Hey, hey, hey! Let's talk about exposed bulb lighting baby. Let's talk about you and me. Gratuitous 90's music reference. Shout out to Salt-n-Pepa. Anywhooooo, I am a fan of exposed bulb lighting. I used the Muuto E27 pendant lamp in both of the bedrooms I designed in my Mom's house in San Francisco.
In the photo above, they are on either side of the bed as bedside lights. Whats great about hanging pendants on either side of a bed is that it frees up room on the side table for books, flowers, magazines, tissues, you know the usual.
Design wise, I love how they represent sort of the ultimate in minimalism. Table lamps, wall sconces, chandeliers, all of these lights, at least now, require bulbs. The bulbs are what make it a functional object, the bulb is what makes any of these lights. Strip away the lampshades, the ornate styling and what do you have a bulb. So a hanging bulb is the simplest purest representation of a light fixture. And whats wonderful, is that the iconic look of a lightbulb that we all know from pictures of Edison, is beautiful in it of itself. In fact, the Muuto E27 is named after the 27mm screw based used by Thomas Edison for the first light bulb.
Here's another place I used it:
Here I put the Muuto E27 into a corner of a bedroom as a reading nook. I paired it with Philippe Starck's Louis Ghost chair. The ghost chair is a modern interpretation of an ornate classic. It distills the classic form of a carved and upholstered Louis XVI armchair, makes it modern by simplifying it and making it from a modern material, clear polycarbonate. In the background is an empty Ikea frame that takes its form from ornate Rococo frames of the 18th Century, and mass produces it in opaque white plastic. I love the conversation these three are having. Its like a modernist discussion of acknowledging the past and then using the present to pay homage but move forward at the same time. This is my favorite kind of design. A combination of past and present. This is the ultimate in post modernism. We have moved beyond stark minimalism (I hope) and can now contextualize and appreciate the past in the present. I think Marie Antoinette digs it.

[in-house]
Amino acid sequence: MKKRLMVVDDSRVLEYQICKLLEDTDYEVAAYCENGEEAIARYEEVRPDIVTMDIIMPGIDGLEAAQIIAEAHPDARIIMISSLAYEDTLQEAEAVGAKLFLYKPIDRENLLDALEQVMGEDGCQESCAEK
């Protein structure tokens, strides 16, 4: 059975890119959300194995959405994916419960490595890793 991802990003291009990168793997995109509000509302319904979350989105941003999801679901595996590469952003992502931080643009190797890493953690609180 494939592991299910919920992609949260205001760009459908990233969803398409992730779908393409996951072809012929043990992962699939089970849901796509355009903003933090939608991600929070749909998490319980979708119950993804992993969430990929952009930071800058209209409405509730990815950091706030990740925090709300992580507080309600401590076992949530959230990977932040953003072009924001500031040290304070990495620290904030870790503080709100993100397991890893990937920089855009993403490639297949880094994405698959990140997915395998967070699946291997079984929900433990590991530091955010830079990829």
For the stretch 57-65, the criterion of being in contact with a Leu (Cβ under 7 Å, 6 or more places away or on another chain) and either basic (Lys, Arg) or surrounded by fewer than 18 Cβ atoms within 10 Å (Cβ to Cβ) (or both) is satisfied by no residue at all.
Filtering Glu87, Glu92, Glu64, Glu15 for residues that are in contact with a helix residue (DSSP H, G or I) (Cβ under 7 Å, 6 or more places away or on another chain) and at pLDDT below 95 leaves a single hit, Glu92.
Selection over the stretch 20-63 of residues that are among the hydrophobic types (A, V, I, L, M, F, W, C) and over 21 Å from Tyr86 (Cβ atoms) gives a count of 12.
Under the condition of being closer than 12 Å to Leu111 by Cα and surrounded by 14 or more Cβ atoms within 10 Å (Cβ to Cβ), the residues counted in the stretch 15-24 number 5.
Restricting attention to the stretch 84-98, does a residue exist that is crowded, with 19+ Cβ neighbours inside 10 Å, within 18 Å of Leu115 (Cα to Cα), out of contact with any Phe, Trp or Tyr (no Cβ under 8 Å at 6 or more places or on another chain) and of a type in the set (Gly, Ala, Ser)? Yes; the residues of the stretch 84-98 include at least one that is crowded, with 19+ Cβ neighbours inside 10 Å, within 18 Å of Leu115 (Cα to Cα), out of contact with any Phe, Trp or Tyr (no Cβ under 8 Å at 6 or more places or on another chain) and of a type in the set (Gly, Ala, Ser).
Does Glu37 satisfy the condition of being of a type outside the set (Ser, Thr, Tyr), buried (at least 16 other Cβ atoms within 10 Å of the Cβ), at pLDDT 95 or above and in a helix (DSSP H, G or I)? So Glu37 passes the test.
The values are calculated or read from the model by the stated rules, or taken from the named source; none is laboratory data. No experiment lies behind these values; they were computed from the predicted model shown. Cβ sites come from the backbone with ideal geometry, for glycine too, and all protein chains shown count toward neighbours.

Here is a picture of exposed bulbs in the lobby of La Maison Champs Elysees, a hotel in Paris designed by one of my favorite designers, the famed fashion designer Martin Margiela. I adore his use of exposed bulbs here. Does it get any cooler than this?
Here is another photo, this one of an apartment designed by Philippe Starck for the development design company called Yoo. Instead a single bulb, its a chandelier made from multiple bulbs, I love that look too.
Finally, I would like to mention, that exposed bulb lights emit wonderful light, Its not harsh, they work with dimmers, they look good and they function well. Isn't that the ultimate iteration of modern design, looks good and works? I think so.